But what no one knew until later was the vast world of his imagination — a world of epic battles of good versus evil, in which children were enslaved and later freed from the evil Glandelinians, stories possibly inspired by his own difficult childhood.
Darger’s inner world blossomed into countless watercolors, collage drawings and his writings.
“The more we learn about Henry Darger, the more I am convinced that he was quite sophisticated,” said Deb Kerr, president and CEO of Intuit - The Center for Intuitive and Outsider Art on the Near West Side. “He had the Wizard of Oz books, he’d read ‘Uncle Tom’s Cabin.’ He had read ‘Alice in Wonderland’ — all of which influenced his writings.”
The center has recreated Darger’s North Side room, complete with many of its original furnishings.
Kerr was reluctant to talk about the upcoming court hearing. She said she’s spoken to the center’s legal counsel, and isn’t “especially worried” because the center doesn’t own any Darger art.
As for her opinion on who is the rightful owner of his work?
“I really need to be Switzerland on this. … Just from an objective standpoint, all the stories I’ve heard have been about that Henry was pretty much on his own and it appears to me that his last few years were made easier mostly by the charity of [the neighbors living on his floor] and Nathan and Kiyoko.”
Nathan Lerner is no longer living. Kiyoko Lerner could not be reached for comment.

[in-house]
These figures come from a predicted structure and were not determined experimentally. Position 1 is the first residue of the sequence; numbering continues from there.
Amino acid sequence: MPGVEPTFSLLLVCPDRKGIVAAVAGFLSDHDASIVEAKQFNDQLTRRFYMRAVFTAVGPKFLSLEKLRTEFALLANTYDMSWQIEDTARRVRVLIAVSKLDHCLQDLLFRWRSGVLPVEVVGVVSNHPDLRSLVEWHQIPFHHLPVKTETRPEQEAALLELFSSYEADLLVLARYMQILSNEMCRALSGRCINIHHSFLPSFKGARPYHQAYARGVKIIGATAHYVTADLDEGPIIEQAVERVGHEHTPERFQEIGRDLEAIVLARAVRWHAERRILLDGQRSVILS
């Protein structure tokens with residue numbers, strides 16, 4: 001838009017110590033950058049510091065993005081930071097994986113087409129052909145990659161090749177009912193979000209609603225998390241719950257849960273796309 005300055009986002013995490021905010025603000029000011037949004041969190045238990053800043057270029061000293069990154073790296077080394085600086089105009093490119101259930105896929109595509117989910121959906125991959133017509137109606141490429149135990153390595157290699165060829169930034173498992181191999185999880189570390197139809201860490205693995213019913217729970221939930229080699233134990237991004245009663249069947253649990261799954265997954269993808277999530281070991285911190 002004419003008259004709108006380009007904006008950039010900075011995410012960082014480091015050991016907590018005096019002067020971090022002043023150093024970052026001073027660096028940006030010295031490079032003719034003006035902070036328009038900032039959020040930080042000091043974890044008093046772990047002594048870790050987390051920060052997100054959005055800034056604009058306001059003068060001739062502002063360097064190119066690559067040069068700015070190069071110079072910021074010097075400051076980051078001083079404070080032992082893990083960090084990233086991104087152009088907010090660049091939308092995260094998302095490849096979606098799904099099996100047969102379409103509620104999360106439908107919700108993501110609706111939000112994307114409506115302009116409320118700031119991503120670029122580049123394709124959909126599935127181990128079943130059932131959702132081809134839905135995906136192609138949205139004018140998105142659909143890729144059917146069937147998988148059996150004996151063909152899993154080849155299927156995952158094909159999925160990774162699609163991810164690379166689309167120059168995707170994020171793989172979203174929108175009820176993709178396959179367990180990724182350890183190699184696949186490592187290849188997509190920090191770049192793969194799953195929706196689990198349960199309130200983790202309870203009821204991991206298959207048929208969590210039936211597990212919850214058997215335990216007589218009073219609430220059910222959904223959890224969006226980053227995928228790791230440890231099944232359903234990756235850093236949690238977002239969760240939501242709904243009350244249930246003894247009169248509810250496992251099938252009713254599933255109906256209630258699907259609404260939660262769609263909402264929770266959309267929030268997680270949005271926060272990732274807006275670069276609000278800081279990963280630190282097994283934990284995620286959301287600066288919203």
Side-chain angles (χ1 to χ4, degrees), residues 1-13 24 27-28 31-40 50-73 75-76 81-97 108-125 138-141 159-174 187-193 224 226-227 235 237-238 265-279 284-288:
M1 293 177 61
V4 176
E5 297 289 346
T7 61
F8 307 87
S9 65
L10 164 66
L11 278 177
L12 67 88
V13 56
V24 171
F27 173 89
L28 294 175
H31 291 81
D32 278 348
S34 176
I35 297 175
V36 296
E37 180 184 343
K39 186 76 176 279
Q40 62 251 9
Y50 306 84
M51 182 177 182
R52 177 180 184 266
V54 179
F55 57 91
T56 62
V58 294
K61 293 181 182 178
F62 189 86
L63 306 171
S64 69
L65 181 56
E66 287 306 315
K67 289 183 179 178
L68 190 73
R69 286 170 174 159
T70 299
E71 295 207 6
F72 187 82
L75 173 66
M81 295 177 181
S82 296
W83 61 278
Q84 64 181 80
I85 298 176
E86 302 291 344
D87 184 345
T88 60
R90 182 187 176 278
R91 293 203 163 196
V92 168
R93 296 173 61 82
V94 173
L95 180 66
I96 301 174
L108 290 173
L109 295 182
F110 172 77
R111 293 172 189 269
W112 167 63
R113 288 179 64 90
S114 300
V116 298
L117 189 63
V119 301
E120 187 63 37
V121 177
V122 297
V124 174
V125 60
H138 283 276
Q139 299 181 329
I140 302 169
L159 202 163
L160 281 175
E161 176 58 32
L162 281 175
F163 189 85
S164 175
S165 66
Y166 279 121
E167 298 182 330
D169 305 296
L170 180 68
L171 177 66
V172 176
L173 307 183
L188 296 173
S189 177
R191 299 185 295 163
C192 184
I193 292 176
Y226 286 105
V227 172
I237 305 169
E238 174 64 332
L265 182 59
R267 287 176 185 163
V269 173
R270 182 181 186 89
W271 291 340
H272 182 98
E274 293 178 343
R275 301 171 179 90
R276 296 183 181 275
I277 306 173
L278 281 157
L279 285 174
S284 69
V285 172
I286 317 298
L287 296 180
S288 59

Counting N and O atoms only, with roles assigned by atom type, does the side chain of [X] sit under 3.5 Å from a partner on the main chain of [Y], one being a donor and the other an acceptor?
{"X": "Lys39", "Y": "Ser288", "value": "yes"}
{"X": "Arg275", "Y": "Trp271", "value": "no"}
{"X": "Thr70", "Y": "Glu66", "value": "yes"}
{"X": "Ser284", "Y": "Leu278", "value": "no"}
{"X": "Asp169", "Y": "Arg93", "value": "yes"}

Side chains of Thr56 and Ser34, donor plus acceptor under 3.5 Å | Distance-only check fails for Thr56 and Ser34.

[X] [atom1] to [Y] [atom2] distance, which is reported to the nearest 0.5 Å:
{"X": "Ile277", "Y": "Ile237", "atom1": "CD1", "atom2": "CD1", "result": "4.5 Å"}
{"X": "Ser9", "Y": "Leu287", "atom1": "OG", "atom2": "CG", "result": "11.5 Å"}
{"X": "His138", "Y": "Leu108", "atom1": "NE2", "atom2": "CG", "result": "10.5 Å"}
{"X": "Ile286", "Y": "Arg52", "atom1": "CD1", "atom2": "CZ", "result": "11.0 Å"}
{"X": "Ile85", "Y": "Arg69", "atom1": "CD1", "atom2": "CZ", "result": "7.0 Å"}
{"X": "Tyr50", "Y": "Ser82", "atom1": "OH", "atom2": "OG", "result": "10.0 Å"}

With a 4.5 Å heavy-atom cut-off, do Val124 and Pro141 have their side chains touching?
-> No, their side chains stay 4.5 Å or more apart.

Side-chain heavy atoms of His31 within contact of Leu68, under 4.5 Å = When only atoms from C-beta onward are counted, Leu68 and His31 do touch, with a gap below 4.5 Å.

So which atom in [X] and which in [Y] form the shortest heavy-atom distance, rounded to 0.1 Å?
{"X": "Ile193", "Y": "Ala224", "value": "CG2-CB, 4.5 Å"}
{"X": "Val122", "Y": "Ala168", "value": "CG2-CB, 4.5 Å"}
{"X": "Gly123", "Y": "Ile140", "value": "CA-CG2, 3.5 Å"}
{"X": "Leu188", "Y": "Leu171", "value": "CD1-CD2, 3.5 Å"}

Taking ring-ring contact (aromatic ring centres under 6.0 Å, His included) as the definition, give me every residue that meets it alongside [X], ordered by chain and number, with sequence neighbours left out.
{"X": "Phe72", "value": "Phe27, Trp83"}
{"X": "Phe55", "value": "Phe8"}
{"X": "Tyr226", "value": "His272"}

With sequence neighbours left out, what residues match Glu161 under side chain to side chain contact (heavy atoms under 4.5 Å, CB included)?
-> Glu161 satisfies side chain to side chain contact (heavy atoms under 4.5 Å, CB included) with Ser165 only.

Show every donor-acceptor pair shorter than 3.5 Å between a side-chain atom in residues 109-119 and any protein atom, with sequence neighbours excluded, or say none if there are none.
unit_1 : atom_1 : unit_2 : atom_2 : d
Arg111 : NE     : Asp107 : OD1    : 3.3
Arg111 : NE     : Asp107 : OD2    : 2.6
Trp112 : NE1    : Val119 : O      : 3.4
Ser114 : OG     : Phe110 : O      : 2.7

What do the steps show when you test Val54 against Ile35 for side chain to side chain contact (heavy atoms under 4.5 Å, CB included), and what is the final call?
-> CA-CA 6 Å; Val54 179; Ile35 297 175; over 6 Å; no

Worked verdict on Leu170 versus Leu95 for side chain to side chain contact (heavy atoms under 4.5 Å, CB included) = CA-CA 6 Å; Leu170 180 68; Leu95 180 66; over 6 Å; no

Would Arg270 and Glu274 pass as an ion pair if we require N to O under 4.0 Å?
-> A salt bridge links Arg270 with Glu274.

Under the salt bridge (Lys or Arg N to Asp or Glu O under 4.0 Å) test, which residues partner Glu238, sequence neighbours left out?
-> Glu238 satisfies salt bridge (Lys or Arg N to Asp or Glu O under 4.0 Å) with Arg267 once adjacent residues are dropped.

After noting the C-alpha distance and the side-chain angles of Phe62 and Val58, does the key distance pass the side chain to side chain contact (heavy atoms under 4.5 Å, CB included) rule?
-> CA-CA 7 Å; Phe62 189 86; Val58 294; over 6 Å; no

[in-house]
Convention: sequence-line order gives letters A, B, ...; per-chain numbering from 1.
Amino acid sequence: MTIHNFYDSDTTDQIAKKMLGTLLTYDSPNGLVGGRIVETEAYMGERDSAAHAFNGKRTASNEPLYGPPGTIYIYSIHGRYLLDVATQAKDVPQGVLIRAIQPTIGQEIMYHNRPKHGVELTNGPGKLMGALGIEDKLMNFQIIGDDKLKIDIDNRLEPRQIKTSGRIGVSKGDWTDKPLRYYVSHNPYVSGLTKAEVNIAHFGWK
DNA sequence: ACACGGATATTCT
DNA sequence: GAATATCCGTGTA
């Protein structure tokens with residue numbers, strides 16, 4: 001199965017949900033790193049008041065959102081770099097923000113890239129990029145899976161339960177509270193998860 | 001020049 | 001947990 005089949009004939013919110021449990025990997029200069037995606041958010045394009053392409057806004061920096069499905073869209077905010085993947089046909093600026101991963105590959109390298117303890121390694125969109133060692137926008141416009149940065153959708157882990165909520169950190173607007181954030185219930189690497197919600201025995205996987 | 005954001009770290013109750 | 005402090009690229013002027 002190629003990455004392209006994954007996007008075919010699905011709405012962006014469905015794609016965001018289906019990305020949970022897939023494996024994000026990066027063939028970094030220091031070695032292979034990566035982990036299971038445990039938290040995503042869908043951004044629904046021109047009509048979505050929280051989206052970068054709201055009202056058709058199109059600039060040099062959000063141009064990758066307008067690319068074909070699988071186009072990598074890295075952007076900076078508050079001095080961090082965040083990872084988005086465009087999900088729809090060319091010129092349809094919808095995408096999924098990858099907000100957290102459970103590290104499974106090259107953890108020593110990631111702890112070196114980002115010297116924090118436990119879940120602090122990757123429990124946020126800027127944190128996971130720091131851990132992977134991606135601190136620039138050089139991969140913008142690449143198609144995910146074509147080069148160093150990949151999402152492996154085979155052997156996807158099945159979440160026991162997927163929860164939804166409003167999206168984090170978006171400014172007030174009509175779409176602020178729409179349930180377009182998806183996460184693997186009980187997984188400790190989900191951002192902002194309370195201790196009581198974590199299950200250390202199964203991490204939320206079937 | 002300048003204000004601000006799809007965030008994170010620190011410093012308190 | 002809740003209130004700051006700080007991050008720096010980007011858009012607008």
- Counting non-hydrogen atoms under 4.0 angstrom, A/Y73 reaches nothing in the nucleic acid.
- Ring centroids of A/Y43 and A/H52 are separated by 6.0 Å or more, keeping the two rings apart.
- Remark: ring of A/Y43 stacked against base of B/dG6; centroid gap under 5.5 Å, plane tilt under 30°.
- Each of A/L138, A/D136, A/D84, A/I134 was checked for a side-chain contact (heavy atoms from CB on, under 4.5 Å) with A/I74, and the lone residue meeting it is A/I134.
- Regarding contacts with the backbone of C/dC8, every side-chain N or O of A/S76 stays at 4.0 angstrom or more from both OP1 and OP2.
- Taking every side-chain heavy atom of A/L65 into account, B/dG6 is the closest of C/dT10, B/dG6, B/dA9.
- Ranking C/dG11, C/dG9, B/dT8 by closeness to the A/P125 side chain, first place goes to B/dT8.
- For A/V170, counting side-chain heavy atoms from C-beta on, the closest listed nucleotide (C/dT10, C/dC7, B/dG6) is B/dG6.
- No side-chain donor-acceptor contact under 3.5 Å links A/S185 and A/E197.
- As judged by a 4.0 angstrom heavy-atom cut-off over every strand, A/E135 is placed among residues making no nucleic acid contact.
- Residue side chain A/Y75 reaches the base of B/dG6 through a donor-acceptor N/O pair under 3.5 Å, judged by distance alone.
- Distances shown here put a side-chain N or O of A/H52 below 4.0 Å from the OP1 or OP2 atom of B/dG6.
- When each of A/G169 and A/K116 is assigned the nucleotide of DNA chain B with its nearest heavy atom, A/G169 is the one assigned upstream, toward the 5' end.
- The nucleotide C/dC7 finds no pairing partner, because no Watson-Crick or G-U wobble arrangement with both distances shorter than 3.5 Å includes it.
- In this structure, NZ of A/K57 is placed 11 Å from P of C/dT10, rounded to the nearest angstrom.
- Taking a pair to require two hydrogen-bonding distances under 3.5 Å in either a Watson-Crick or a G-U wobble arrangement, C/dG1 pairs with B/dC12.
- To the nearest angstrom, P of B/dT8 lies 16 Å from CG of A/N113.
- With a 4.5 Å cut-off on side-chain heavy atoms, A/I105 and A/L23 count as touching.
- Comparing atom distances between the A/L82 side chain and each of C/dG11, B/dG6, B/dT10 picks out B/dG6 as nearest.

Christen Sadowski, who is seeking to be appointed to represent Darger’s distant relatives, also could not be reached. Sadowski, who lives in Clarendon Hills, told the New York Times earlier this month: “We’re asserting the rights of the family — taking any and all action to restore his legacy. To understand that someone took what was his life’s work and has capitalized on it — it’s about righting a wrong.”
Sadowski’s attorney, Michael C. Diedrich, declined comment.
Len LeRose Jr., a Chicago probate lawyer, said the issue of whether a gift was freely given is something probate courts deal with frequently. What’s unusual, he said, is a dispute stemming from an incident decades ago.
“If you’re talking about gathering evidence [from] 30 or 40 years ago, there could be an obvious hindrance. Records may not be around, witnesses may have died or you can’t find them anymore,” LeRose said.
LeRose said courts don’t necessarily need a paper document to prove Darger freely intended to give away his possessions.
While a written document is always best, “You can prove it with circumstantial evidence,” he said.
Either way, “There has to be clear intent to transfer title and ownership and possession to the … person who is receiving the gift, unqualified without any strings prior to his death.”
Fuchs, now in her 70s, has her own opinion about who should own Darger’s work, but she won’t say. It’s clear in her mind that whoever ends up with it will own something extraordinary. She said she’s read almost everything written about the man whose apartment she entered only to deliver food when he was sick.
“He was a man who was incredibly bright and smart and had a great imagination, and was just kind of in his own world,” Fuchs said. “Anybody who created what he created had to be brilliant.”